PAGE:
In elections past, the Republican Party has relied heavily on the white Evangelical vote. It was the party of family values and pro-life, which most Evangelicals would agree are Christian values. Other liberal denominations see on the left side more social justice reform and agree that the liberal side has more Christian values. If both candidates were morally correct, either side would be a good Christian vote depending on one’s perspective of the world.

    However, what we saw this election is that the media plays to stereotypes. There are generalizations made about a particular party or candidate, and then the media looks for stories that reinforce these stereotypes. Conservative Evangelical churches have stereotypes of including homophobic people, mysoginists by not electing women into eldership (some can’t even preach), and the particular group they pinpointed were those Evangelicals who were white (most white people encourage white privilege systems without realizing it). Therefore, the election of Donald Trump was reinforcing all of these stereotypes because Trump’s campaign is known to be mysoginistic, racist, and homophobic. There wouldn’t be such an accusation of the Evangelical church if they did not support these stereotypes. I personally have seen a woman leave the Evangelical church because she would not be able to be an elder in her career in vocational ministry. I have also heard homophobic banter from Evangelical friends who have never even known someone who is homosexual. I’m glad that your church is multiethnic. That has not been my experience of Evangelical churches.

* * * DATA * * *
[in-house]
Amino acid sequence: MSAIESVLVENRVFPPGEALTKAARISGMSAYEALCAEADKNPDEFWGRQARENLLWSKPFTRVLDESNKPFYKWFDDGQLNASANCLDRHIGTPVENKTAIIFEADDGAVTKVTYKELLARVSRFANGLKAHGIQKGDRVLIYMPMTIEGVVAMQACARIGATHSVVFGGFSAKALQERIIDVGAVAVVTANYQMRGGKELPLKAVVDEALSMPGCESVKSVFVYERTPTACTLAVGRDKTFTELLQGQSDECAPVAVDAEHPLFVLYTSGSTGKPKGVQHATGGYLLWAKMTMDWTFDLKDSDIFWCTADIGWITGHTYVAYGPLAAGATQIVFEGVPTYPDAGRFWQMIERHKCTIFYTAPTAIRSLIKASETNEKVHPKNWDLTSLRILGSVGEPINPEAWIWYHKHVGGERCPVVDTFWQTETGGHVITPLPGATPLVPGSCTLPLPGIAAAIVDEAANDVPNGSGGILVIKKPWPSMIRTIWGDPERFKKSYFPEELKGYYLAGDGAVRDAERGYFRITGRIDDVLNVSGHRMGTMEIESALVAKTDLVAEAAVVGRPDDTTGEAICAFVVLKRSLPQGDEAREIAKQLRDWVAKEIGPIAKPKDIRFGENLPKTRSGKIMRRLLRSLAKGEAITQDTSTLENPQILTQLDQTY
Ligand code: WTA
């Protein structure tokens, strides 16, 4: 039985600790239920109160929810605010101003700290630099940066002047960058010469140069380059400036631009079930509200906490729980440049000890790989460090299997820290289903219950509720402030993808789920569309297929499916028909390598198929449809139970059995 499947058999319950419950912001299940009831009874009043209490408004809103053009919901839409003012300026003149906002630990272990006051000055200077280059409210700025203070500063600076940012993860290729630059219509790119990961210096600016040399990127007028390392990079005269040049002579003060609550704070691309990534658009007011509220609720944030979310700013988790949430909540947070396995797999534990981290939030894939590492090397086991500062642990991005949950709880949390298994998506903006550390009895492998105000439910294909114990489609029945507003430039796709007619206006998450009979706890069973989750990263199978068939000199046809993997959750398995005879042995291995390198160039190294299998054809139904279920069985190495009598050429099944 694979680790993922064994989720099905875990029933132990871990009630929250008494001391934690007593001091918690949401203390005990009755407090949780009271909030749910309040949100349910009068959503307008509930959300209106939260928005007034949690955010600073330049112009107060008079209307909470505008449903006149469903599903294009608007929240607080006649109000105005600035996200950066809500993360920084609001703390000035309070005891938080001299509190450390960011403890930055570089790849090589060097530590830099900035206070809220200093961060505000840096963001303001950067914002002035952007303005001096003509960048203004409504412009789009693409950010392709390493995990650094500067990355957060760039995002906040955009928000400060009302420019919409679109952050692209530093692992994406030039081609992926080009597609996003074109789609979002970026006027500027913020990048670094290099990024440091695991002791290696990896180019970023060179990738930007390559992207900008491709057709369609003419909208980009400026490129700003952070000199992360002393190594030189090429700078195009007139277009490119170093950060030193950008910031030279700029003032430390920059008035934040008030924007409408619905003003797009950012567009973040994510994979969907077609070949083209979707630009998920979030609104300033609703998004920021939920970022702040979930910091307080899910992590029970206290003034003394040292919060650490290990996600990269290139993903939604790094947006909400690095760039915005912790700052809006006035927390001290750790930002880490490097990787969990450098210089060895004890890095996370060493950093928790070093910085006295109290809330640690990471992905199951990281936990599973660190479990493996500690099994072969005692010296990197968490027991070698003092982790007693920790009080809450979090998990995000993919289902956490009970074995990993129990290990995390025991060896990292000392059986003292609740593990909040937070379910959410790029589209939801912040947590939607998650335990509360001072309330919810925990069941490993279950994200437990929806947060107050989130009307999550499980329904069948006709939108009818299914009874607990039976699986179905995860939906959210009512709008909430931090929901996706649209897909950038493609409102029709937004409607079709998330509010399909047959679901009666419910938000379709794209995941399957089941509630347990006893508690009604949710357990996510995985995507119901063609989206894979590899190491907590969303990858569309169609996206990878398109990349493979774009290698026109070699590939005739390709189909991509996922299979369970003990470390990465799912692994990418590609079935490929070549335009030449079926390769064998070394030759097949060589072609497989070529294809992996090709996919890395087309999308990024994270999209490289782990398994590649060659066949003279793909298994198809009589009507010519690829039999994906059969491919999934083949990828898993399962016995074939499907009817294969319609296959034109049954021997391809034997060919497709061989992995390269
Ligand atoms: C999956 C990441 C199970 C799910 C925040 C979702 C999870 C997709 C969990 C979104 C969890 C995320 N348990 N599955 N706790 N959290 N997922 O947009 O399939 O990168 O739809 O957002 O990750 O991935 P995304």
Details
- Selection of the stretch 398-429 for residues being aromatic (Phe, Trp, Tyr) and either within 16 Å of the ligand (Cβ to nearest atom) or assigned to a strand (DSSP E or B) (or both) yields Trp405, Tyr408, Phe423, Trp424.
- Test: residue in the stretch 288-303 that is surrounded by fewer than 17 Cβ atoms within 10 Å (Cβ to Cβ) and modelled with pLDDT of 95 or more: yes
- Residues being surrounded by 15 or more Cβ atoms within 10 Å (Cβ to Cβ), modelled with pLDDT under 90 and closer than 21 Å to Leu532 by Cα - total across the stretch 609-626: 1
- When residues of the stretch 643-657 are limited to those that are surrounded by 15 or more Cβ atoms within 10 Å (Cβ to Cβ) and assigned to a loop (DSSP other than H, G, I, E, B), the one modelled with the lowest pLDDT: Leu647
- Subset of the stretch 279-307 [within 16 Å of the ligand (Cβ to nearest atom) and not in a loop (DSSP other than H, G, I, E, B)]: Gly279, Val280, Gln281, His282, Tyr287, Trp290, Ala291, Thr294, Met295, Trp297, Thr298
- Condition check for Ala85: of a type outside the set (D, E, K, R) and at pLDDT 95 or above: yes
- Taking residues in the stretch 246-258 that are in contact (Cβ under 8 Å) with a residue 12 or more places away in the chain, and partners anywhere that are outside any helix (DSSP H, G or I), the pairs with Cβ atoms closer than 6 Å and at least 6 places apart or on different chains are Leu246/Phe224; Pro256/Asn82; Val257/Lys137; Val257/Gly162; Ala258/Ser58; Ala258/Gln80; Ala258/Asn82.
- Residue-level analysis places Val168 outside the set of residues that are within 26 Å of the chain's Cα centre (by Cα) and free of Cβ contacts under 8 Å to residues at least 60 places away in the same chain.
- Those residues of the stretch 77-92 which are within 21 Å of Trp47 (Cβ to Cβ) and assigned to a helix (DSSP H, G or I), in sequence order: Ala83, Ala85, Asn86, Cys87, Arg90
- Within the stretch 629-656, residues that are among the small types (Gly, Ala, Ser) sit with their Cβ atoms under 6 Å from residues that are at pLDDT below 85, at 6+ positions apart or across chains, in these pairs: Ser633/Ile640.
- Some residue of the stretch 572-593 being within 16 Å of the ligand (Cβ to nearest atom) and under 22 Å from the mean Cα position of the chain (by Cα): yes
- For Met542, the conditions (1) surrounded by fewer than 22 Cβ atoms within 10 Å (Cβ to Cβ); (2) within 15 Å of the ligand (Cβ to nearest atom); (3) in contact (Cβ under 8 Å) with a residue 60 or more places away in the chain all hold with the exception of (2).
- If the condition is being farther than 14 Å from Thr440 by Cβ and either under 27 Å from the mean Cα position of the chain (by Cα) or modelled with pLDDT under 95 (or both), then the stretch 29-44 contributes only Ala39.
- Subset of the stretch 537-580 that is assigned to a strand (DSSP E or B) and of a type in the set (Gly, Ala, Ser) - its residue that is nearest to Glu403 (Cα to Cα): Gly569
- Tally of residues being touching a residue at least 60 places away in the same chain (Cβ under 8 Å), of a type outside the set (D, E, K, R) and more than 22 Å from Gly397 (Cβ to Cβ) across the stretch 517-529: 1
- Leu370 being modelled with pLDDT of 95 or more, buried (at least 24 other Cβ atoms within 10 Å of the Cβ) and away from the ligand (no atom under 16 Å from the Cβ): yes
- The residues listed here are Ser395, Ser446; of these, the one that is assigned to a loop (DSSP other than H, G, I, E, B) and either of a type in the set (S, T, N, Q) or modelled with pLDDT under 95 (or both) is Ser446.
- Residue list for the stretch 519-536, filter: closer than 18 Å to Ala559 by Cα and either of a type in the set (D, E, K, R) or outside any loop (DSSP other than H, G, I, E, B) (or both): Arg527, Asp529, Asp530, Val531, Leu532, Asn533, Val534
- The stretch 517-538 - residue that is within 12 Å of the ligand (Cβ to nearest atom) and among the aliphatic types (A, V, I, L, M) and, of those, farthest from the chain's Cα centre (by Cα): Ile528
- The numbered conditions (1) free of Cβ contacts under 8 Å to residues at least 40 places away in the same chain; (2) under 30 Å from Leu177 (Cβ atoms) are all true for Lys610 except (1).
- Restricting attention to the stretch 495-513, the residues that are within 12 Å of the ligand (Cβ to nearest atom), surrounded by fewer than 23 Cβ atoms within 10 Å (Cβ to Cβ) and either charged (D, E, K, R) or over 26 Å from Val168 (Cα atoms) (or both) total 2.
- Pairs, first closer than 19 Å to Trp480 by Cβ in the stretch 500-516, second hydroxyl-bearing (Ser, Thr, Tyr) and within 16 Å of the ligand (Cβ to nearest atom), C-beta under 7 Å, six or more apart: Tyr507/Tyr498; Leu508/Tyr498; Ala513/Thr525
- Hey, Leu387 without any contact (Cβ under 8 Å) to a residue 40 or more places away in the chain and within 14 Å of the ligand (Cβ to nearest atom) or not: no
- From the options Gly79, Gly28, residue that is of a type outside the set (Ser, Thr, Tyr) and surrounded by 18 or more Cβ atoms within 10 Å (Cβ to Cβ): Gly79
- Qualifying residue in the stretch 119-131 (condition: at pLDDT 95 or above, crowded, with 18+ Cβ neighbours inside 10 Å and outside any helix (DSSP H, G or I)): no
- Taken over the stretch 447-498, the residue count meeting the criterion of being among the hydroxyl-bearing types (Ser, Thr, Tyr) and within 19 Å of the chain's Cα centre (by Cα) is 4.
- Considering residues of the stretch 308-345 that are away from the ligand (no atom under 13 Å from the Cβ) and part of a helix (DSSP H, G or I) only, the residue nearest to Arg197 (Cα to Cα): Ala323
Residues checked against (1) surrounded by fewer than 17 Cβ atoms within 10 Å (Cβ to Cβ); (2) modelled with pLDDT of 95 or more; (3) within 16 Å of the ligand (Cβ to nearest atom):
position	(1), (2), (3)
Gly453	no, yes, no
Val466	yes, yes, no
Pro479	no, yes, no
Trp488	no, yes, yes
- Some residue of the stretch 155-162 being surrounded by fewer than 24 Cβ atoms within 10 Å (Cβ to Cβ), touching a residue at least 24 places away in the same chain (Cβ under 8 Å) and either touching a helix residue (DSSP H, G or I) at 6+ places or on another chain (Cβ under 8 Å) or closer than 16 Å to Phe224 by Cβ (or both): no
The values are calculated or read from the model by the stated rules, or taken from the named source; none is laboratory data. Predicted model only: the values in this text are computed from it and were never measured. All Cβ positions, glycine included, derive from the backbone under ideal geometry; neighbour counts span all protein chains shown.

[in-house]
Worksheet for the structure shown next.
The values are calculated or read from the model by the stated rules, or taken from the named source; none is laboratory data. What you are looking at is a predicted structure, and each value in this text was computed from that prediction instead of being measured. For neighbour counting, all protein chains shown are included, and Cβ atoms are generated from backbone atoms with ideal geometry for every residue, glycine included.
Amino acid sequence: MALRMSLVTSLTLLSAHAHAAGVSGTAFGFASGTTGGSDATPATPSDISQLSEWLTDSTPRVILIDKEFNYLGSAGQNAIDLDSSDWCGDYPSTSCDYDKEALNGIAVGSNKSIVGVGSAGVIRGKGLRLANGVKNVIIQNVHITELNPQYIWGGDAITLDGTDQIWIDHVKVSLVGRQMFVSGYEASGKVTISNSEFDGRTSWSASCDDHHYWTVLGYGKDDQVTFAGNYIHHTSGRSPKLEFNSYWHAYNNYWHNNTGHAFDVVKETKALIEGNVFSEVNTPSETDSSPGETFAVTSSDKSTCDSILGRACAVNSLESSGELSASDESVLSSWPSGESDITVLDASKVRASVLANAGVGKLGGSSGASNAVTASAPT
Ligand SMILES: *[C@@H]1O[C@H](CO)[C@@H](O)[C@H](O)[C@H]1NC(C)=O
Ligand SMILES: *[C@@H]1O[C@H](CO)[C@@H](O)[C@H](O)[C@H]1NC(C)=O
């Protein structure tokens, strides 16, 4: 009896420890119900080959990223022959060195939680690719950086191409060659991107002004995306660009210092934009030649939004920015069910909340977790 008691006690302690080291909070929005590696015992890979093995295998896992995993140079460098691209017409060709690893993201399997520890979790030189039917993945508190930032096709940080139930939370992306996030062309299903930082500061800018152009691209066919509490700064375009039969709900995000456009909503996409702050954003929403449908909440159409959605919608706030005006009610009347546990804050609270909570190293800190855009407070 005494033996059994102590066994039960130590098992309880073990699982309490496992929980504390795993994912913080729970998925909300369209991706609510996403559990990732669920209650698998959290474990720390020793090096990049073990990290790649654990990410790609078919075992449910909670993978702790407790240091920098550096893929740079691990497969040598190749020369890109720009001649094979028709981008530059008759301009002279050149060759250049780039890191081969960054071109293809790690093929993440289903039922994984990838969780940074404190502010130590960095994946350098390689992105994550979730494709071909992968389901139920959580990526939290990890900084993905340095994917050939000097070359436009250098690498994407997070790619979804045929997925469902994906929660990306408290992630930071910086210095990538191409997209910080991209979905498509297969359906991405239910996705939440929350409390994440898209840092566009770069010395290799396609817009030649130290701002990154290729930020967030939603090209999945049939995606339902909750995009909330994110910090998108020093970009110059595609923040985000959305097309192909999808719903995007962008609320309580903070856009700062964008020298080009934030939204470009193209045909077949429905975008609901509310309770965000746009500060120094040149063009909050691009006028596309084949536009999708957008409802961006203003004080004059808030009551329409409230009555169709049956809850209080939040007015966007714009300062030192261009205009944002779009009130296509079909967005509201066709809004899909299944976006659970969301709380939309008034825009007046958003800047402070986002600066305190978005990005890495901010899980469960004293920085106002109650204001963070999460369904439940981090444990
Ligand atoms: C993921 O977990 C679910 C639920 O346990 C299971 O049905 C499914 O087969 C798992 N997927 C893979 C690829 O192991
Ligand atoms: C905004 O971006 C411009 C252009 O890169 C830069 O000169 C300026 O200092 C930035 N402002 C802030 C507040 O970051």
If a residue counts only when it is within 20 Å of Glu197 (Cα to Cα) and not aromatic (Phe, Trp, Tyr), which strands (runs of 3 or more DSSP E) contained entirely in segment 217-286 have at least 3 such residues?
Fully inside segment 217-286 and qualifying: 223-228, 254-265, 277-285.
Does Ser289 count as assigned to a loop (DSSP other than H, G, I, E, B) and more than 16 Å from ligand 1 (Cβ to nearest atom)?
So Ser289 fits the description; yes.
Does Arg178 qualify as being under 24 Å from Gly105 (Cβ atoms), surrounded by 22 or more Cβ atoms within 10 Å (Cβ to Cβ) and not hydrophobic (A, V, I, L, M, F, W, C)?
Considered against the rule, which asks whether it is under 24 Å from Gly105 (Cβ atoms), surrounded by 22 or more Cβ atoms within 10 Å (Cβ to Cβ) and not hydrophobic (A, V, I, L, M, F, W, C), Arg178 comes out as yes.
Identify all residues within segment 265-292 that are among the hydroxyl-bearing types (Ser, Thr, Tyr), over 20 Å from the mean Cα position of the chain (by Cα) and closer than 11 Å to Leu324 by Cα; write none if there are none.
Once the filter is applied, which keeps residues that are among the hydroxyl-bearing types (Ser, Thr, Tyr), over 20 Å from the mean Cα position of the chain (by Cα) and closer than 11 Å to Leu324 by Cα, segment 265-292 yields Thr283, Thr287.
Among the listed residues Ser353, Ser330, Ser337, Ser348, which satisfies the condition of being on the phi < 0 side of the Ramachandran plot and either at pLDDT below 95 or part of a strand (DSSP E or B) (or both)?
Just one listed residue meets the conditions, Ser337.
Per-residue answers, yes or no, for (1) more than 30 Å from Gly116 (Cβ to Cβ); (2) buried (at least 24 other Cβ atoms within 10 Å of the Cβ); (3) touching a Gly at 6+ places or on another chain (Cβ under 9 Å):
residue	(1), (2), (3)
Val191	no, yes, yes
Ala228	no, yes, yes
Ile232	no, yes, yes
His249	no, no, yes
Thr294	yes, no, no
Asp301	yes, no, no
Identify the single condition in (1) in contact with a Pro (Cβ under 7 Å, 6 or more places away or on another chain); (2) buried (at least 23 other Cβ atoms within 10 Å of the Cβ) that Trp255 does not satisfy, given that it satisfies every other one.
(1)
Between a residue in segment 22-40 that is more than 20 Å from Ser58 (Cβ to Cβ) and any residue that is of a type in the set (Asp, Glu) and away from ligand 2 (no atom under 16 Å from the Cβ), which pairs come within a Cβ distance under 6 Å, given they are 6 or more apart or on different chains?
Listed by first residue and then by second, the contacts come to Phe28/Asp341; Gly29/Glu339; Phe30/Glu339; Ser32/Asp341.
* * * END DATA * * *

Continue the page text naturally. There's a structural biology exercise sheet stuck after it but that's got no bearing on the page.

The Evangelical church needs to do better. Be better. How are the systems within the Evangelical church perpetuating these stereotypes that Trump supports? Maybe it’s just viewing the world from the eyes of one who suffers from the privilege of others and allowing it to change our hearts. Or perhaps looking for ways to empower individuals who suffer from these systems. There can be a balance of conservative values and inclusivity. We just need to try harder.